The efficacy endpoints were thromboembolic events, consisting of stroke, transient ischemic attack, and peripheral artery embolism during the period of observation, and resolution of LVT (defined as no evidence of thrombus on repeat imaging). Safety endpoints were clinically significant bleedings (defined as in the individual article) and all-cause mortality.
We used relative risks (RRs) with the 95% CIs to compare the differences between VKAs and NOACs group for the meta-analyses. Q test was used to evaluate the heterogeneity of included studies with I2 and P-values. The pooled RRs were calculated by the fixed-effects model according to the Mantel-Haenszel method or by the random-effects model with Der Simonian and Laird method for studies with present heterogeneity (I2 > 50% or P-value < 0.05). We detected the publication bias of articles by drawing the funnel plot with the Egger test. Furthermore, the contour-funnel plot in conjunction with the trim-and-fill method was used to identify the causes of asymmetry observed in a funnel plot (16). In addition, we conducted sensitivity analyses with the “1-study removed” method to check the credibility of the results. All data analysis was carried out using Stata/SE 15.1.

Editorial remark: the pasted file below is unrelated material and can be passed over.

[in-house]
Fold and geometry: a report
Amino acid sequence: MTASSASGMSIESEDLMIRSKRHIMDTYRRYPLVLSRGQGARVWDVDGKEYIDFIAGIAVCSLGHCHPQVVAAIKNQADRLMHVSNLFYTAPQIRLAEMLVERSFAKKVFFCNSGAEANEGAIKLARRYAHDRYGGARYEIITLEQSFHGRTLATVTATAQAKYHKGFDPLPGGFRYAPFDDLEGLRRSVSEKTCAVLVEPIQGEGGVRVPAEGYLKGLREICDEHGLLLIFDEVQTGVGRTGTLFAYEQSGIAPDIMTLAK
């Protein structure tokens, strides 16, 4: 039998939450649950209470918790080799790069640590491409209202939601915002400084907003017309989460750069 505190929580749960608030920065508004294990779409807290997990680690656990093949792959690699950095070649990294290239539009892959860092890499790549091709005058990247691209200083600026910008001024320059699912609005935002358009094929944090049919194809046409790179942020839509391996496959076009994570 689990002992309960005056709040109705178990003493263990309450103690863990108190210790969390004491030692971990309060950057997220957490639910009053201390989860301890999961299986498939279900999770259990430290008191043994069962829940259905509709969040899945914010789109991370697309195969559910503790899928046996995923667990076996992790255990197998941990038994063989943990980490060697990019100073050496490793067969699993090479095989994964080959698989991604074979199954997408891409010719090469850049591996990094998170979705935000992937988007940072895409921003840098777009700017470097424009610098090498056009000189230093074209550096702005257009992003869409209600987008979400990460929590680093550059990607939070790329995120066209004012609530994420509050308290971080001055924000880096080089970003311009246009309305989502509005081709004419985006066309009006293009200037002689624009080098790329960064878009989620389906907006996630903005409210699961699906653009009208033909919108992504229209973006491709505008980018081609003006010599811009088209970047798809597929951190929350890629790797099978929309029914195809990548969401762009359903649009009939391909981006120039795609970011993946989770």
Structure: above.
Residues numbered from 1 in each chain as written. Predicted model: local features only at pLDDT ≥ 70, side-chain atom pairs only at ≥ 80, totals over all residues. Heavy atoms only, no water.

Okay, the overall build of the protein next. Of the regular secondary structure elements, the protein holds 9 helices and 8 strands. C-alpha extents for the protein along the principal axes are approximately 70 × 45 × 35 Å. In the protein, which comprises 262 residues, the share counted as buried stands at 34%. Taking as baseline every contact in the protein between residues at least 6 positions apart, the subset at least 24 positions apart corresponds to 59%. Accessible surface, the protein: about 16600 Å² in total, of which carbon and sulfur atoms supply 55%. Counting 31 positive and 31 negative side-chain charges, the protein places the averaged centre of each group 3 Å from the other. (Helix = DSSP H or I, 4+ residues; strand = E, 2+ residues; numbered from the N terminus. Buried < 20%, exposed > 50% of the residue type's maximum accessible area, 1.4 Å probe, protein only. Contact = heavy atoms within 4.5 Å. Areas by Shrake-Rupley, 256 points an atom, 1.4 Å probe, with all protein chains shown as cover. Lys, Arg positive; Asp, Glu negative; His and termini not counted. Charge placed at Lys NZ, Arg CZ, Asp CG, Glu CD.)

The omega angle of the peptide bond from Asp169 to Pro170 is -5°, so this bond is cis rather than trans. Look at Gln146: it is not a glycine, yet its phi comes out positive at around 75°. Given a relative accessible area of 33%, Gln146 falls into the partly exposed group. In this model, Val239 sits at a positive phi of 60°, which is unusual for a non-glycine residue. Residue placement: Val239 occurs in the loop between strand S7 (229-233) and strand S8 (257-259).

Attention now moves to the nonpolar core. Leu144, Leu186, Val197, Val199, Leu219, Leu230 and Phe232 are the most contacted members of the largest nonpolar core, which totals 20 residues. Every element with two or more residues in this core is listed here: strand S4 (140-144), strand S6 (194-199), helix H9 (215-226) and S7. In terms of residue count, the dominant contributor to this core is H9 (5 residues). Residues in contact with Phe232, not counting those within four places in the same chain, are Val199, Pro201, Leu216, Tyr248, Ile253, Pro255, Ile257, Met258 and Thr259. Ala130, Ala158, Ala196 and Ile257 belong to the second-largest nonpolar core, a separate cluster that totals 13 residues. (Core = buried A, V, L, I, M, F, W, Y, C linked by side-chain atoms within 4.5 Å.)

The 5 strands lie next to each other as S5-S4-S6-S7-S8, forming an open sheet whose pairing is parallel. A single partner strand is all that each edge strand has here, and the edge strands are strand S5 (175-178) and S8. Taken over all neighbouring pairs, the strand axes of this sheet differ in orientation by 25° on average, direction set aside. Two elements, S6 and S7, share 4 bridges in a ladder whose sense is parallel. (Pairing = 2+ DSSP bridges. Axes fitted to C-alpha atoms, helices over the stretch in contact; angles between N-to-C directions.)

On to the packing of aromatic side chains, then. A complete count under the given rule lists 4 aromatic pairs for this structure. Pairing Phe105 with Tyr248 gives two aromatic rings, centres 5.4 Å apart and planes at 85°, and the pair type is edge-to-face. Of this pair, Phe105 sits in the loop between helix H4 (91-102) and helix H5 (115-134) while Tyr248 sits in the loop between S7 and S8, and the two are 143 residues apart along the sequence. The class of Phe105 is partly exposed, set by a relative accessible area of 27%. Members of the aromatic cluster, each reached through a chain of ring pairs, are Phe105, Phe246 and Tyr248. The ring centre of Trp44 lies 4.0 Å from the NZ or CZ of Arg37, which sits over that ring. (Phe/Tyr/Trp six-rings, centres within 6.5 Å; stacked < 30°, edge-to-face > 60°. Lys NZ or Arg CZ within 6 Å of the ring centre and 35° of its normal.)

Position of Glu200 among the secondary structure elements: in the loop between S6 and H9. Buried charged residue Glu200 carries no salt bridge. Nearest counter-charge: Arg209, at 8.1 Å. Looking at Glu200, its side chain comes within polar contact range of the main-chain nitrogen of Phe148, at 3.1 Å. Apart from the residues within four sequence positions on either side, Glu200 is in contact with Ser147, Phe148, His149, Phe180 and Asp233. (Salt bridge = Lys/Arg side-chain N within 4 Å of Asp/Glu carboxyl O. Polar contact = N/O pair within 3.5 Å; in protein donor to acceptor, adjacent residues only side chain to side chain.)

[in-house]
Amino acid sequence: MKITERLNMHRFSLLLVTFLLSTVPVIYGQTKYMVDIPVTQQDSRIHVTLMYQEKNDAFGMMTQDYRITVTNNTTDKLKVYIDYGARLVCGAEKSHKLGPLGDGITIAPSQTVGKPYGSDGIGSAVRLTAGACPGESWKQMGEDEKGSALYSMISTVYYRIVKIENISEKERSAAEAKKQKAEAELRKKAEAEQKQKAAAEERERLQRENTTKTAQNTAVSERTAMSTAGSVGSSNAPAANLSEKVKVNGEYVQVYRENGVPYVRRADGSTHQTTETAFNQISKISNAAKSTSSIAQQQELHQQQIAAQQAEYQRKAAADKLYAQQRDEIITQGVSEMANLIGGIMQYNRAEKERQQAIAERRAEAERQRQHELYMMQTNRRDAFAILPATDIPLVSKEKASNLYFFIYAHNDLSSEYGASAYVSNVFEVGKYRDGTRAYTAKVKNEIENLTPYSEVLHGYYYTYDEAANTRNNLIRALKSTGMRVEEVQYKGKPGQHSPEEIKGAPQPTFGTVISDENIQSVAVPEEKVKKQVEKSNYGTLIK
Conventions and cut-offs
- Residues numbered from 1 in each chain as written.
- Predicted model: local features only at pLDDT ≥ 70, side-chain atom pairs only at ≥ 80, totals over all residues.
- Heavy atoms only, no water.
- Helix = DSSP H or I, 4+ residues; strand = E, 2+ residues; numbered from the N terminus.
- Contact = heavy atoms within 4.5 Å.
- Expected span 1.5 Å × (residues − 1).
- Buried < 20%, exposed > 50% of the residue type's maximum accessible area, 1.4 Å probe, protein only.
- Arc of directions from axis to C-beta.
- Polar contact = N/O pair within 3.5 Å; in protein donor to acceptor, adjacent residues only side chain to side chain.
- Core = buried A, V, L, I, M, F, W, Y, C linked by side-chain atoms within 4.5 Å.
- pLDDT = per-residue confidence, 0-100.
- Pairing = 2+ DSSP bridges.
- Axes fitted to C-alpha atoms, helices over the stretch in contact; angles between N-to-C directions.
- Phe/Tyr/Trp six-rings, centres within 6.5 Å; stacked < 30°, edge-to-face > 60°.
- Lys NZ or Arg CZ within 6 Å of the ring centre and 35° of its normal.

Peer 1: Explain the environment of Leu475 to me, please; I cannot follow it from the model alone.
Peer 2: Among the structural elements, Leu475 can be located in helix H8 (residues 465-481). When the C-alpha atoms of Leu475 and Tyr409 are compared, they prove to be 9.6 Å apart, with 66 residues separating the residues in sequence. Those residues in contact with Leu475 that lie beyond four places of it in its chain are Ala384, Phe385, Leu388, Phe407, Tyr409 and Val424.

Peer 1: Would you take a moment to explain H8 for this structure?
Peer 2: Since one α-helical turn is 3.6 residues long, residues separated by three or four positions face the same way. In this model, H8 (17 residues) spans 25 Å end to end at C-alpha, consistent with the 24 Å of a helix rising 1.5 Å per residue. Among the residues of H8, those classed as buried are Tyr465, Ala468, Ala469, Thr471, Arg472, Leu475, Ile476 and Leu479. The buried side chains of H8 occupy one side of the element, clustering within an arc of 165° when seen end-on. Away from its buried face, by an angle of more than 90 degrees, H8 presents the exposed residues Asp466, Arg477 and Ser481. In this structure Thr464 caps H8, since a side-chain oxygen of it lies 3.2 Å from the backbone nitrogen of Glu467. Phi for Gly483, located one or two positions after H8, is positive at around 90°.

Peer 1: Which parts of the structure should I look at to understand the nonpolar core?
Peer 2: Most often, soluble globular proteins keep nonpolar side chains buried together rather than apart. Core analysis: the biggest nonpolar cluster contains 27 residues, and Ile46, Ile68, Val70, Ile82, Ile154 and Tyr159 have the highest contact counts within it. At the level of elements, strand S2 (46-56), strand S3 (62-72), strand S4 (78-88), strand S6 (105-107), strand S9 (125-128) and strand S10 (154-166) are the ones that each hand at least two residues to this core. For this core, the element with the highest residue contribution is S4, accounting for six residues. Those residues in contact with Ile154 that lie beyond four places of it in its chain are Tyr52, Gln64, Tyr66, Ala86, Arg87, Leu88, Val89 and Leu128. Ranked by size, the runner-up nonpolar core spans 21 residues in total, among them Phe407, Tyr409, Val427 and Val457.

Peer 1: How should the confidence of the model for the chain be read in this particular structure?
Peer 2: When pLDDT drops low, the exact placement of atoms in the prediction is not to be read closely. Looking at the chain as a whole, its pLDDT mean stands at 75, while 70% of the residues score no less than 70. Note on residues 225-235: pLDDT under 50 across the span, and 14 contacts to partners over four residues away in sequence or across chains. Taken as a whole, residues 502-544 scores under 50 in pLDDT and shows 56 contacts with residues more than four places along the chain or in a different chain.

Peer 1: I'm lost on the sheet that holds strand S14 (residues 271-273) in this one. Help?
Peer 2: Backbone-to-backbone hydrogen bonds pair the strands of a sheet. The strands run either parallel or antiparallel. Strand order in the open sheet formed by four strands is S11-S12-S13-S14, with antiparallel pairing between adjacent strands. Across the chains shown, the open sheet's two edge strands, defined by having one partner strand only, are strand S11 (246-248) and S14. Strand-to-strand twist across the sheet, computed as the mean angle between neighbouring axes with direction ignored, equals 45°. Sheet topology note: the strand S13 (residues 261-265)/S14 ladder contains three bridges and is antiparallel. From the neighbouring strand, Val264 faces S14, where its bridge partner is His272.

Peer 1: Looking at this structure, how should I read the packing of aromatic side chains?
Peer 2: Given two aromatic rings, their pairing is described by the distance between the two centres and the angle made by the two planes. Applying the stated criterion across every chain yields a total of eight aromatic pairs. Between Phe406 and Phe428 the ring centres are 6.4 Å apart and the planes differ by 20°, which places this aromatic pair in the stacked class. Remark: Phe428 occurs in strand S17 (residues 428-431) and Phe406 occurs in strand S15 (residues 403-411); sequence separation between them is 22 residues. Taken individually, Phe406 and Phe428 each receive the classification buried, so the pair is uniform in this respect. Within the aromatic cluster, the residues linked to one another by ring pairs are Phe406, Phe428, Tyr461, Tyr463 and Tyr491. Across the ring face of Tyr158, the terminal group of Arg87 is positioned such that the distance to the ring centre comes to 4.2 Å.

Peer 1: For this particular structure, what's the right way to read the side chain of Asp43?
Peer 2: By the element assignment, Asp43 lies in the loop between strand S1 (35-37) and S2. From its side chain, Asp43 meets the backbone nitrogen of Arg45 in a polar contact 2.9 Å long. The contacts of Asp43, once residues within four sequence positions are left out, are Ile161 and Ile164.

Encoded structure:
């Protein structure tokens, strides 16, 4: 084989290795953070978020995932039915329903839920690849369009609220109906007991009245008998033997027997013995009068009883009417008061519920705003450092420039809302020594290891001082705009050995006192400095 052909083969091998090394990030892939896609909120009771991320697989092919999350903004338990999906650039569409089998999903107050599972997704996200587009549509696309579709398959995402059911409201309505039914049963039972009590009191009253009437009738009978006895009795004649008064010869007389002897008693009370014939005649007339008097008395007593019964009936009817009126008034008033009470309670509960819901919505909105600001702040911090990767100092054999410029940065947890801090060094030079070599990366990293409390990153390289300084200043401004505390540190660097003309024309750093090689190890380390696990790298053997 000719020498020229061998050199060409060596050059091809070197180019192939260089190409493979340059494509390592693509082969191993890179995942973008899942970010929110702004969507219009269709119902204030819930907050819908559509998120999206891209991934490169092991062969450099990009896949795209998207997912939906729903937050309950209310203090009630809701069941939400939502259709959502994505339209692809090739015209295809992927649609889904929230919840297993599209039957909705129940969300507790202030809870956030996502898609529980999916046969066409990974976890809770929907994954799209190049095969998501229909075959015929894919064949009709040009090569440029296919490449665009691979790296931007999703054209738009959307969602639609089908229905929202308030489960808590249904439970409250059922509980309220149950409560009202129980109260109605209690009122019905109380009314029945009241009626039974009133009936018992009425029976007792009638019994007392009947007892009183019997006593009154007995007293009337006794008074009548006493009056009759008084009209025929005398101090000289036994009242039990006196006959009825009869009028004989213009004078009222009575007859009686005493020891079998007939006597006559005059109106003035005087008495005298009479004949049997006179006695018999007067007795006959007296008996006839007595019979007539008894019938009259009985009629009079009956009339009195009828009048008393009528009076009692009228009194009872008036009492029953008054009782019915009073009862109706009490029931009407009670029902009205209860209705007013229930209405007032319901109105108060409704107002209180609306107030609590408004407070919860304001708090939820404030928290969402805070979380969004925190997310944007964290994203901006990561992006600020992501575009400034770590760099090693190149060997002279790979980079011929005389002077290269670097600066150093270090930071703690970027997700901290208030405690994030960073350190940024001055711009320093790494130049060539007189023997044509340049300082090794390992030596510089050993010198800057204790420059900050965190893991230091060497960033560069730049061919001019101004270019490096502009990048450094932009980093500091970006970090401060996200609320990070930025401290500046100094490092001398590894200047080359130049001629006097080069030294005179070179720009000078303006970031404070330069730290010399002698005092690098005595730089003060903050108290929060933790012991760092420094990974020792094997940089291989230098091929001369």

Results of the Literature Search
Three hundred and one studies were enrolled after searching three databases mentioned above. After the removal of duplicates, there were remaining 182 articles. Eighty-two articles were excluded because they were reviews, case reports, or letters. In the left 100 articles, 57 studies were excluded for not investigating patients with LVT, 30 studies for without comparison between VKAs and NOACs, and 1 for animal study. Finally, we performed full-text screening on the remaining 12 documents: 3 of them were excluded for not being done (17–19), and 3 were duplicate researches (20–22). Then six studies left for subsequent data analyses with sample sizes ranged from 59 to 421 (10–13, 23, 24). The complete screening process was shown as a flow chart in Figure 1.
Study Characteristics and Quality